Jesus came down from heaven. So if he came down here from up there, what was he doing up there before he came down here? And why did he come down here to save us? I know, you really aren’t supposed to take this literally and that this idea is the cornerstone of Paul’s theology, but still…

Jesus descended into hell. (Apostle’s Creed) Why did he do that and where exactly might hell be?  Is it below the Earth’s surface? How far down? What was he doing there for three days?

Ascended Into Heaven.I suppose what comes down goes back up, but you get the picture.

[Jesus is now] seated at the right hand of God.  Back to his god-man thing. Why would God have hands and why the right hand? And why are God and Jesus just sitting there and not doing anything?

He will come again in glory to judge the living and the dead. So what about judging all these dead people? I thought that Christians believed that when you die you go to heaven or to hell and do not have to wait around until Jesus comes back. Some or maybe all of these dead people have been waiting around over 2,100 years  for his return.

We look to the resurrection of the dead (“body” in the Apostles Creed). Does this imply we are stuck with the bodies we die with for eternity?  Given a choice between living in eternity as a 25-year old versus an eternity as a 90-year old, wouldn’t most people choose the former?

I can hear some of my Union Seminary classmates groaning along with a lot of others who are devout Christians.  Doesn’t this guy get it? Doesn’t he understand? This language is symbolic. It is not supposed to be taken literally.

Well, maybe not, but the challenge is that even if the language is not taken literally, it still represents an effort of humans to describe in human language what is beyond description and beyond human understanding. Short answer:  much of the creed that Episcopalians are supposed to say at every service just does not make sense. At least it does not make sense to me though it is perfectly ok to conclude that this is just another nail in the coffin that proves I wasted four years of my life going to seminary. In any event, I don’t say the creed anymore myself. 

 The God that is meticulously described in the two major creeds of the Christian Church is what Ehrenreich has rebelled against and a lot of other, self identified “atheists” are rebelling against. I am not an atheist, but I have to agree with her that rigid monotheism is a turnoff for many. It should not have to be this way. God by definition is too vast and mysterious for us humans to fully understand or keep in a box constructed by us.  If truly “believing” the Nicene Creed is the only ticket to being Christian, it represents a pretty high bar. Good luck on turning around the decline of mainstream Christianity.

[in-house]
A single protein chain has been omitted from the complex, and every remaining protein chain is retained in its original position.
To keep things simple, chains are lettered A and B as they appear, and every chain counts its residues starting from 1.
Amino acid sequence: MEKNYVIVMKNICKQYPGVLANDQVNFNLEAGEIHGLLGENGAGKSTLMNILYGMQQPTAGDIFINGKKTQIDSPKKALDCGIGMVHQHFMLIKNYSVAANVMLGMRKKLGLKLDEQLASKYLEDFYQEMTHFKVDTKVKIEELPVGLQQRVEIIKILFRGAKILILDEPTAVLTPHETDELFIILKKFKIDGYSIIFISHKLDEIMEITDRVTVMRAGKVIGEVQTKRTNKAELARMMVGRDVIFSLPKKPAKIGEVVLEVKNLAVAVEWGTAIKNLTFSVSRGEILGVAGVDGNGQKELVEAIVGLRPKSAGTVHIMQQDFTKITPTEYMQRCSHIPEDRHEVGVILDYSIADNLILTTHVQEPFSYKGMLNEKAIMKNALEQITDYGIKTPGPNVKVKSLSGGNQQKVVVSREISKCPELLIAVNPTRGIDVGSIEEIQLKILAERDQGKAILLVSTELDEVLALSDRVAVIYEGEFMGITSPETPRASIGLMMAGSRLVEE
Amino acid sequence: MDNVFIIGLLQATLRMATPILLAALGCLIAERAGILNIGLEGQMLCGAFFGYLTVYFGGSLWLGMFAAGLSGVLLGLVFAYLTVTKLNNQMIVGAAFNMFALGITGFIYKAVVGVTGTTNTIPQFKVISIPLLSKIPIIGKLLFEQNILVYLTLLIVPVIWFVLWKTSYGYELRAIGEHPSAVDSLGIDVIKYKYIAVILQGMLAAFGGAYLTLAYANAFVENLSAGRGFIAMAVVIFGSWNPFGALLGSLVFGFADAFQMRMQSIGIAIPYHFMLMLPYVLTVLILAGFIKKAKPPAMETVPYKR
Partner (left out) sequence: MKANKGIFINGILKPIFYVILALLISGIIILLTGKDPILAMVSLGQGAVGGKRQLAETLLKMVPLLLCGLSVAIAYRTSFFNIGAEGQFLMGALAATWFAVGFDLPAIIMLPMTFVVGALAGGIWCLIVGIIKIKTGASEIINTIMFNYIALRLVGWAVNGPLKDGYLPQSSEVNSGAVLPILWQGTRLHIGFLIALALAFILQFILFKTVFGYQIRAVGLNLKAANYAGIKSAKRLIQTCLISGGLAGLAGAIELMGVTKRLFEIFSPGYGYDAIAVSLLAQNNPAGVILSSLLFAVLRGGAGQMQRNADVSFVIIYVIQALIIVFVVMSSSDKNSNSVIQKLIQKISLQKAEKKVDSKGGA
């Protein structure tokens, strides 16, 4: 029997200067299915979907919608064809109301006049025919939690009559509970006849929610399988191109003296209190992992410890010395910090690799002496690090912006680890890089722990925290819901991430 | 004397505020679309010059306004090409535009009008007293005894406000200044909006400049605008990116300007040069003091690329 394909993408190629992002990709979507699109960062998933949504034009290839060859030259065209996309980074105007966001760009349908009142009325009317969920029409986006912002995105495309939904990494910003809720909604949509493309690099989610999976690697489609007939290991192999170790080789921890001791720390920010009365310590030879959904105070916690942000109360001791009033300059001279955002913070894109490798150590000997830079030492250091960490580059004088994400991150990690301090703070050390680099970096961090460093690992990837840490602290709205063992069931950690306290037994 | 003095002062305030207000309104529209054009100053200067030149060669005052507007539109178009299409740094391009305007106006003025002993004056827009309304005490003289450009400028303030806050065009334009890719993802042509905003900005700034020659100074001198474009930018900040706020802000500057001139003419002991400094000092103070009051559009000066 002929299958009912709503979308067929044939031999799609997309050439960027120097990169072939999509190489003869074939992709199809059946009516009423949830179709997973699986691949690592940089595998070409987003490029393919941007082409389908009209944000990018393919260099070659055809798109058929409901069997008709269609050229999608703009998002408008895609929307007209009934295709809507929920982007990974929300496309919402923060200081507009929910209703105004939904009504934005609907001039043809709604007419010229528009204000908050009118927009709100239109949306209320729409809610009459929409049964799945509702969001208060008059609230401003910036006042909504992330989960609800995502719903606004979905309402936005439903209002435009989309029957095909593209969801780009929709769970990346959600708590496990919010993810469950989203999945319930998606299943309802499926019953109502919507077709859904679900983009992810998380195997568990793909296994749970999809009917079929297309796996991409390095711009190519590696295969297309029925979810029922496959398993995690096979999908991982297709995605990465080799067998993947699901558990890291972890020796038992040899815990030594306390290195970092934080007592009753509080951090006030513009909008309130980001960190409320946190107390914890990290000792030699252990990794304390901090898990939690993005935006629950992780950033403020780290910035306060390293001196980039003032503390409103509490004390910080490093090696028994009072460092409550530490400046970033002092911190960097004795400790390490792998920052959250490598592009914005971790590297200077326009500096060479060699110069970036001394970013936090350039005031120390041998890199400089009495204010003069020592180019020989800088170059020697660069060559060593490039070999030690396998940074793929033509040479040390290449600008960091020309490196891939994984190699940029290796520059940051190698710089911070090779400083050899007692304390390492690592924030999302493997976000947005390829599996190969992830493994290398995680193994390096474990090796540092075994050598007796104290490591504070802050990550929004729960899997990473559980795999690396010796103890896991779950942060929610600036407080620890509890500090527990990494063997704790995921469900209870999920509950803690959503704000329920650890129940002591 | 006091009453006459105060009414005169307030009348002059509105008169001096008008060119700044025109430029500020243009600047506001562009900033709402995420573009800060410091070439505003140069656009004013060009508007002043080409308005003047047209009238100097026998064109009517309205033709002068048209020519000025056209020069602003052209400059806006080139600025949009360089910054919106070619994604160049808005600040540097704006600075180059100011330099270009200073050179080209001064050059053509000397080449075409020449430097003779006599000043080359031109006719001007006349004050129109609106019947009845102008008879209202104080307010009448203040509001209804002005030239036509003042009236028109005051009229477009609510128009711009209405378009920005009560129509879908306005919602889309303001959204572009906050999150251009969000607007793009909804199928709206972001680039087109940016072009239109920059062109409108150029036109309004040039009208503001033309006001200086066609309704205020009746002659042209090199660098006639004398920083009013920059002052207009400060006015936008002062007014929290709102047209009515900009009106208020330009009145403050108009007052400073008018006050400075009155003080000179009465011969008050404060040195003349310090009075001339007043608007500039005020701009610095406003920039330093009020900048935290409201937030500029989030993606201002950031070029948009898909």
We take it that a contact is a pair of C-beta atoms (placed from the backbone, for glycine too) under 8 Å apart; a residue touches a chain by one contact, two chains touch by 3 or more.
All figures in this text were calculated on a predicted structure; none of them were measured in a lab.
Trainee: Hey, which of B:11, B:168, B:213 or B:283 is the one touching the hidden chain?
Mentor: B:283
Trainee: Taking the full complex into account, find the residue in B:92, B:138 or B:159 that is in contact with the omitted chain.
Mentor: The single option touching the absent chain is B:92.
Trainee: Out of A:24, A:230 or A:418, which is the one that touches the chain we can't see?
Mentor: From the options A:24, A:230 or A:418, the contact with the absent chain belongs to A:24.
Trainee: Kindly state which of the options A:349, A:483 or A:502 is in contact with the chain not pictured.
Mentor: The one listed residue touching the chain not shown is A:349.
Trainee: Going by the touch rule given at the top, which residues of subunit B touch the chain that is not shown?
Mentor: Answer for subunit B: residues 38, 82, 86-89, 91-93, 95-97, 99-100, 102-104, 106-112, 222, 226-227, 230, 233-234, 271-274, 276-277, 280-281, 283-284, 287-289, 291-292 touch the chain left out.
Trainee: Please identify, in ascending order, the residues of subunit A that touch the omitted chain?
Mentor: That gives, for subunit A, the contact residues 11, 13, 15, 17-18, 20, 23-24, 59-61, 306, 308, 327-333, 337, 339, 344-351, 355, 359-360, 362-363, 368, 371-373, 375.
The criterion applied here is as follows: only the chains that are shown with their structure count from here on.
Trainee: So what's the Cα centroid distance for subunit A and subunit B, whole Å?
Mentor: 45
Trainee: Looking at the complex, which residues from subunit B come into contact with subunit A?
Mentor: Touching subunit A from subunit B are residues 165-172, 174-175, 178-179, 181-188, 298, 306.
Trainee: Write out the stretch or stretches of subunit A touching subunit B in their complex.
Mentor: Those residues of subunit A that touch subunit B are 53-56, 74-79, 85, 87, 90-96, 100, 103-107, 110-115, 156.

Living With A Wild God if nothing else raises a lot of questions. It is honest—brutally honest at times—and, like most of what Ehrenreich has written, insightful. It surely gets you thinking.  It also suggests that we who have stuck with the church–albeit painfully at times–should pay attention.

Faux News: Hurricane Warning Issued By The President For Iowa

At 4:00 PM today President Trump issued an official hurricane warning for Iowa, which he said was in the direct path of Hurricane Dorian. Despite an immediate rebuttal by the U.S. Weather Service, the president persisted and upped the ante to declare the entire state of Iowa a disaster area, thus qualifying for millions of dollars for federal relief aid. Republicans universally applauded the action, citing among other things his warnings regarding Alabama issued earlier in the week.  Several senators, led by Lindsey Graham, argued that were it not for the president, the entire state could have been destroyed. The Governor of Alabama praised the president for his courage and forethought and thanked him for the millions of dollars that have been diverted from schools, shelters and day care centers in states like Maryland, New York and Massachusetts to assist the citizens of Alabama. 

Trump lashed out again about fake news and lambasted the press for not giving adequate coverage to the hurricane in Alabama and then against the “deep state” for posting government information contrary to what the president was saying. He announced that by Executive Order he was permanently closing down the Weather Service.

Several citizens in Iowa interviewed by Faux News expressed bewilderment that the state would be in the direct path of a hurricane since there is no evidence that any hurricane has ever reached the state or any state close to it. They went on to add however, that they were grateful to the president for shutting down schools, shelters, and day care centers in Maryland, New York, and Massachusetts to divert funds to Iowa, which would be received just in time for the Iowa primary.